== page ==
As the world becomes increasingly globalised, maintaining compliance while embracing global mobility will be the key to retaining talent as we move into 2024. This is according to Hanna Asmussen, CEO and co-founder of Localyze, a global mobility platform for companies and employees.

In 2023, there was a continued interest in flexible working. Recent research from #WorkAnywhere has shown that remote workers in Europe and beyond are more satisfied with their jobs. 

Furthermore, from a business perspective, we found that 51% of businesses in the UK, Germany, and the Netherlands believe global mobility initiatives like sponsoring relocations and workcations expands their access to talent.

Crucially, these statistics show that the desire for flexible global working, whether this be through long- or short-term relocations, team meet-ups or business trips, isn’t slowing down. As businesses and employees alike pursue the potential of global mobility, I’m positive that 2024 is poised to be a significant year for big moves.

Ongoing legislation changes and focus on compliance 

The <3 of EU tech

The latest rumblings from the EU tech scene, a story from our wise ol’ founder Boris, and some questionable AI art. It’s free, every week, in your inbox. Sign up now!

2024 will continue with a barrage of impactful legislative changes in the UK and Europe. We have already started to see signs of this with large-scale changes to immigration laws in Germany, the UK, and most recently the debate in France.

While legislators claim they want to encourage labour migration, the bills coming through propose alarming restrictions. We are yet to see where the chips will fall for European businesses facing crippling talent shortages, with recent reports outlining skill shortages in enterprises across Europe. For example, 42% of SMEs are subject to shortages of qualified staff.

What we do know is that legislative shifts will continue well into 2024, and companies need to be ready to adapt without losing sight of equity and inclusion for their employees. A key component to that will be building flexibility into their mobility policies and processes.

Businesses should assess their current approach and look to introduce flexible and fit-to-culture policies where possible, such as workcations that enable employees to work across multiple countries. Critical to pursuing this trend is being clear how many days employees can be away from their country of residence before tax and visa requirements kick in.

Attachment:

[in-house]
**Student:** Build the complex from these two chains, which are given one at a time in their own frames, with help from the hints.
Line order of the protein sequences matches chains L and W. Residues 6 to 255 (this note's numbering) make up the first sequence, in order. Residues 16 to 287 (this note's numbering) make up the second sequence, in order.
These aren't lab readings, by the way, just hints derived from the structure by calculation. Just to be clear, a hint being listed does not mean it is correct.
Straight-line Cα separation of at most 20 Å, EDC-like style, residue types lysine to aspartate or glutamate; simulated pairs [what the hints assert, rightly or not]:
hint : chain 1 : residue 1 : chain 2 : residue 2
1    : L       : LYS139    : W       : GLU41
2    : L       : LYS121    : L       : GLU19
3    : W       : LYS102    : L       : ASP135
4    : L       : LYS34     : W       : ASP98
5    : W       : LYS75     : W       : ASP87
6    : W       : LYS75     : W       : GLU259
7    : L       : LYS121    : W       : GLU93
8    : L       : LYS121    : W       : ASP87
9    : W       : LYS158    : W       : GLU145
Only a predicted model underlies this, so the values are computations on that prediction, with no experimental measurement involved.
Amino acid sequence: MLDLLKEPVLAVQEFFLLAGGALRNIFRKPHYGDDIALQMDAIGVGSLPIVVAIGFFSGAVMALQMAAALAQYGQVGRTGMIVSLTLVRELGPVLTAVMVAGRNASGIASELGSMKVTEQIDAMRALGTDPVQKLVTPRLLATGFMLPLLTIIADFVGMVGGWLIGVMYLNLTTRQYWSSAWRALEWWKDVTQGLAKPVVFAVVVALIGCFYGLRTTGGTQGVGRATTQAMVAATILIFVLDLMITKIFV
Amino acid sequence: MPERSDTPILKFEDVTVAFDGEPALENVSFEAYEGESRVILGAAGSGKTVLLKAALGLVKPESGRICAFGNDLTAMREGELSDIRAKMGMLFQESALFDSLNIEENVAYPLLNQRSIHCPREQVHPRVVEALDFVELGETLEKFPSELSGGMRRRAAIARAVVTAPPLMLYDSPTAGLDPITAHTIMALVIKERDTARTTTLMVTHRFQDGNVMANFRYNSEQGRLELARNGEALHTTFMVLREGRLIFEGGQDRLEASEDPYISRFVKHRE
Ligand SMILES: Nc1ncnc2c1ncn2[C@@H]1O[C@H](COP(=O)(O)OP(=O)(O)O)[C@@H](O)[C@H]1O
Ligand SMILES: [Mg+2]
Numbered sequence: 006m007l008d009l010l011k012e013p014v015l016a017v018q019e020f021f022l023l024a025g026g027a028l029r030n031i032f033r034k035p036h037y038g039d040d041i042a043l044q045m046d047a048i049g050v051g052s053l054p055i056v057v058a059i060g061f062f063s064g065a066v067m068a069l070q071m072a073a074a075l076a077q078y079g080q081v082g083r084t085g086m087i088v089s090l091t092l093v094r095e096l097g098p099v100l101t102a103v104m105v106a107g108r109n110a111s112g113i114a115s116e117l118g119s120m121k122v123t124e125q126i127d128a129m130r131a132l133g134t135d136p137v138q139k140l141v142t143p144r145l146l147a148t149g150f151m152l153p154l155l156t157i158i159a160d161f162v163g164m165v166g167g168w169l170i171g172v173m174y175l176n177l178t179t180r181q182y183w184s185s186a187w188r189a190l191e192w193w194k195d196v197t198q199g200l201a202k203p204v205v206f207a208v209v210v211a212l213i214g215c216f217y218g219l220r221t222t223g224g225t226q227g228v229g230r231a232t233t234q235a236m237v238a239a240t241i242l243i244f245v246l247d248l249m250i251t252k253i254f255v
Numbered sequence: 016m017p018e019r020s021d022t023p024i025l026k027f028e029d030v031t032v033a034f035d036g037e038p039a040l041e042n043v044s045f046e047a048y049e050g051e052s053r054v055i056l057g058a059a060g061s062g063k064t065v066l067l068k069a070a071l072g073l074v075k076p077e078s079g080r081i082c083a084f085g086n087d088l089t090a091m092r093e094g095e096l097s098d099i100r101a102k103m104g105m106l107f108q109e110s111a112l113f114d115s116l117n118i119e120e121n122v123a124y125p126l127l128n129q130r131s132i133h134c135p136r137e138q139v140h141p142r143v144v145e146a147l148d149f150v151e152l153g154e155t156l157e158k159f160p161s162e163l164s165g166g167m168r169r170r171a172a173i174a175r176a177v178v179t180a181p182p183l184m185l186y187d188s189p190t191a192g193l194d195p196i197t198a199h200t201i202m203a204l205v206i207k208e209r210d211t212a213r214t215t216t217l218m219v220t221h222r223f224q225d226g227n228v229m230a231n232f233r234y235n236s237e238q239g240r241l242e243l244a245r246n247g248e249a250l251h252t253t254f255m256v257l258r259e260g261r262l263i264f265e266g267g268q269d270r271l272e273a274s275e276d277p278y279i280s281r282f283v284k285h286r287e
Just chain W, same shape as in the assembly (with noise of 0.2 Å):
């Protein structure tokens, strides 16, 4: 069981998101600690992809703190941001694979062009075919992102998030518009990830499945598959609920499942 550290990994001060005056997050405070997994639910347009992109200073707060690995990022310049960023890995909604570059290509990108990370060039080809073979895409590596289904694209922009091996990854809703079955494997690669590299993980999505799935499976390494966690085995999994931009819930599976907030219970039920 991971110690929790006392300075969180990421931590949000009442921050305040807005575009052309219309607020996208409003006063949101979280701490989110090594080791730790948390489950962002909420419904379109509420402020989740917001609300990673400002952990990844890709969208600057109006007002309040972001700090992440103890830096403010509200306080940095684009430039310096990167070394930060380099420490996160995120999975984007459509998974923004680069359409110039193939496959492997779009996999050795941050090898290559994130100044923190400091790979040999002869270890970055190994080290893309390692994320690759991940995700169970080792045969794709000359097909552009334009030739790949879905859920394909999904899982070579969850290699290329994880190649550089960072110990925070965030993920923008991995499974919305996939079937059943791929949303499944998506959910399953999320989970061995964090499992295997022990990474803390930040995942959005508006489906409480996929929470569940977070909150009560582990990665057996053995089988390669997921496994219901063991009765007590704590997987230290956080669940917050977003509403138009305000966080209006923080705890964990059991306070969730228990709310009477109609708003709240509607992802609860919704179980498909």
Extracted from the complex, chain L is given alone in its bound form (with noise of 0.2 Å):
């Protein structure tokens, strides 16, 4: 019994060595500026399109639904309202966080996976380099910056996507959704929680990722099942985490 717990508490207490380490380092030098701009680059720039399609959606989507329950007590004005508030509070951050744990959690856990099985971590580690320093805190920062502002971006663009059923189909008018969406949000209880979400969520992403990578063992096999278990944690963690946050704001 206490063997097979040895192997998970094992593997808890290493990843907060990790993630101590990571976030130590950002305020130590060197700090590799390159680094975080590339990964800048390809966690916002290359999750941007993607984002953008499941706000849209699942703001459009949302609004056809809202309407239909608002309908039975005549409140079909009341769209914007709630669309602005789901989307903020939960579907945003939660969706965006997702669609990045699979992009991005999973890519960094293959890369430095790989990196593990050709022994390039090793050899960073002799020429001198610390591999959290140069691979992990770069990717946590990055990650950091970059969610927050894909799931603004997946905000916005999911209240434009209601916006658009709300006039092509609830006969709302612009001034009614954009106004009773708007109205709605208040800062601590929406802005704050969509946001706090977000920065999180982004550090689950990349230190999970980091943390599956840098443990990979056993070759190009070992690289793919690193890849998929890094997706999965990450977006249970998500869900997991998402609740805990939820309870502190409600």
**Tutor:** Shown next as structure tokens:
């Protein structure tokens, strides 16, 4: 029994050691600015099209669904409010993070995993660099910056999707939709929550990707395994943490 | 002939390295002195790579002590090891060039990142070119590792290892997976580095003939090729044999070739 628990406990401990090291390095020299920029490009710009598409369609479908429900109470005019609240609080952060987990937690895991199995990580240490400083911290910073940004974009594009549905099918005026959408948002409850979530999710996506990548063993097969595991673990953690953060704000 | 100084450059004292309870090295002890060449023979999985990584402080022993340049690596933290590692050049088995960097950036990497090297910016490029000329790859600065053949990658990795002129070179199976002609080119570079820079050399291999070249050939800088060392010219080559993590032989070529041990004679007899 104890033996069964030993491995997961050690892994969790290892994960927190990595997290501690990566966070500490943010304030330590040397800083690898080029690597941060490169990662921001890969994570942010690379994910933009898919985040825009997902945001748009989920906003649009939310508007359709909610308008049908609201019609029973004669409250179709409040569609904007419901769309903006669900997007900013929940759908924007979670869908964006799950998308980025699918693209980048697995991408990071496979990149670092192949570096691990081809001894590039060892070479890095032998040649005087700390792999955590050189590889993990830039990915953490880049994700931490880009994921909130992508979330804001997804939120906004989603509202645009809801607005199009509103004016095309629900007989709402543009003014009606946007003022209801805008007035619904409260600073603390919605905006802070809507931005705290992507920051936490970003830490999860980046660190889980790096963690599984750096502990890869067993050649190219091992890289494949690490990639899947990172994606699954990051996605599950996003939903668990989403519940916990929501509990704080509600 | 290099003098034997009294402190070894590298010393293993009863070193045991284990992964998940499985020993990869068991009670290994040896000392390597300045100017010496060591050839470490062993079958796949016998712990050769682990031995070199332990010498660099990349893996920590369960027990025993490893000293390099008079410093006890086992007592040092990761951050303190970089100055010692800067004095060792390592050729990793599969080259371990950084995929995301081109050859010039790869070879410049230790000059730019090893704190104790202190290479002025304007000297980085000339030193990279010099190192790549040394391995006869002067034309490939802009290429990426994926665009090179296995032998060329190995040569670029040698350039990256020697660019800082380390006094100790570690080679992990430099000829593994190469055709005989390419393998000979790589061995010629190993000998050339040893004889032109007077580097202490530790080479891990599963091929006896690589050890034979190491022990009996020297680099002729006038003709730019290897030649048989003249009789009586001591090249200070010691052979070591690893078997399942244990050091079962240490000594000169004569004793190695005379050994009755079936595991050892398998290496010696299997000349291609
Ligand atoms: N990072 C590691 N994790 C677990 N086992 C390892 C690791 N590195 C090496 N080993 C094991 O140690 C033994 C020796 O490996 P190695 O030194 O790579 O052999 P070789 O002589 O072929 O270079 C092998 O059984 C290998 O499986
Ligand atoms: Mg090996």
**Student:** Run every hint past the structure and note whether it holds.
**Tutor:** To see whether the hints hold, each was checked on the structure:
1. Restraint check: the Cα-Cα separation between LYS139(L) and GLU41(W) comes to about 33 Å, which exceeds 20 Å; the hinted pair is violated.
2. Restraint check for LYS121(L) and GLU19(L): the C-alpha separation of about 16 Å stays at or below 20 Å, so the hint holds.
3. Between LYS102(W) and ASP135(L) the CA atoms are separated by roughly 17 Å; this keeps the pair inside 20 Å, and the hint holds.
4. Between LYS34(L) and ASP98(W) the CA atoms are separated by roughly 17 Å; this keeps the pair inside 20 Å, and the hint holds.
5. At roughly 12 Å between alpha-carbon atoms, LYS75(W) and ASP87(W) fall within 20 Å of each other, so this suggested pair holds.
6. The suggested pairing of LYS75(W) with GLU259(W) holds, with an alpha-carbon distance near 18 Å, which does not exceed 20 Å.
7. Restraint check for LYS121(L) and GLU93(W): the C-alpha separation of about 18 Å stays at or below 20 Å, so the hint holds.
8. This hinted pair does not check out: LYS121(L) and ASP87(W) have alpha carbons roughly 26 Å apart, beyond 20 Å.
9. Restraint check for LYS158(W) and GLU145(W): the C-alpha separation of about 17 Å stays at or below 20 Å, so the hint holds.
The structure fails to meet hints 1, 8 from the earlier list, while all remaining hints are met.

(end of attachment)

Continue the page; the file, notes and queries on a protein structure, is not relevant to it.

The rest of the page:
Beside legislative changes, more and more companies are now taking stock of their compliance responsibilities after pandemic-induced “change now, fix compliance later” moves. This topic is set to be a key challenge in 2024.

Rising demand for short-term mobility

In 2023, we saw more companies offering short-term workations, business trips and international assignments. In parallel, more countries joined Estonia and Portugal to offer nomad visas. 

This means that global mobility is no longer another word for “permanent relocation.” Instead, it can encompass shorter trips and workations that have their own unique set of compliance requirements.

Support with short-term visas and permits can also prove to be a more cost-effective way to balance employees’ demands for flexible working, while bringing back work in the office. I expect many more companies will explore this path as the happy medium for them and their talent.

In parallel, I hope that in 2024 more countries will participate in short-term nomad schemes, as not only can an influx of professionals benefit the local economy, but also support a more globalised workforce of happier, more productive people.

The evolution of global mobility management

Which brings me to my final prediction: even as companies cut budgets, more and more employees will demand flexible working options across the world, prompting a complete reset of how global mobility is being managed. Most slot it under bigger HR functions, for example Rewards and Benefits, Talent Acquisition, or People Ops. But this approach is too limiting.

If global mobility is a Talent Acquisition tool, it benefits only new hires and encourages long-standing employees to travel without compliance or tax purview, putting the company at risk. Within Rewards and Benefits, it may benefit only a select few of your workforce. And having your People Ops team handle it could streamline some of the admin, but severely limits your ability to make strategic decisions that enable the whole company.

This is why we’ll see global mobility start to rise as its own function within businesses in 2024, ranking higher and higher in importance. The demand for change is coming from all sides: from employees pursuing more global working, to more international regulation and scrutiny.

Source link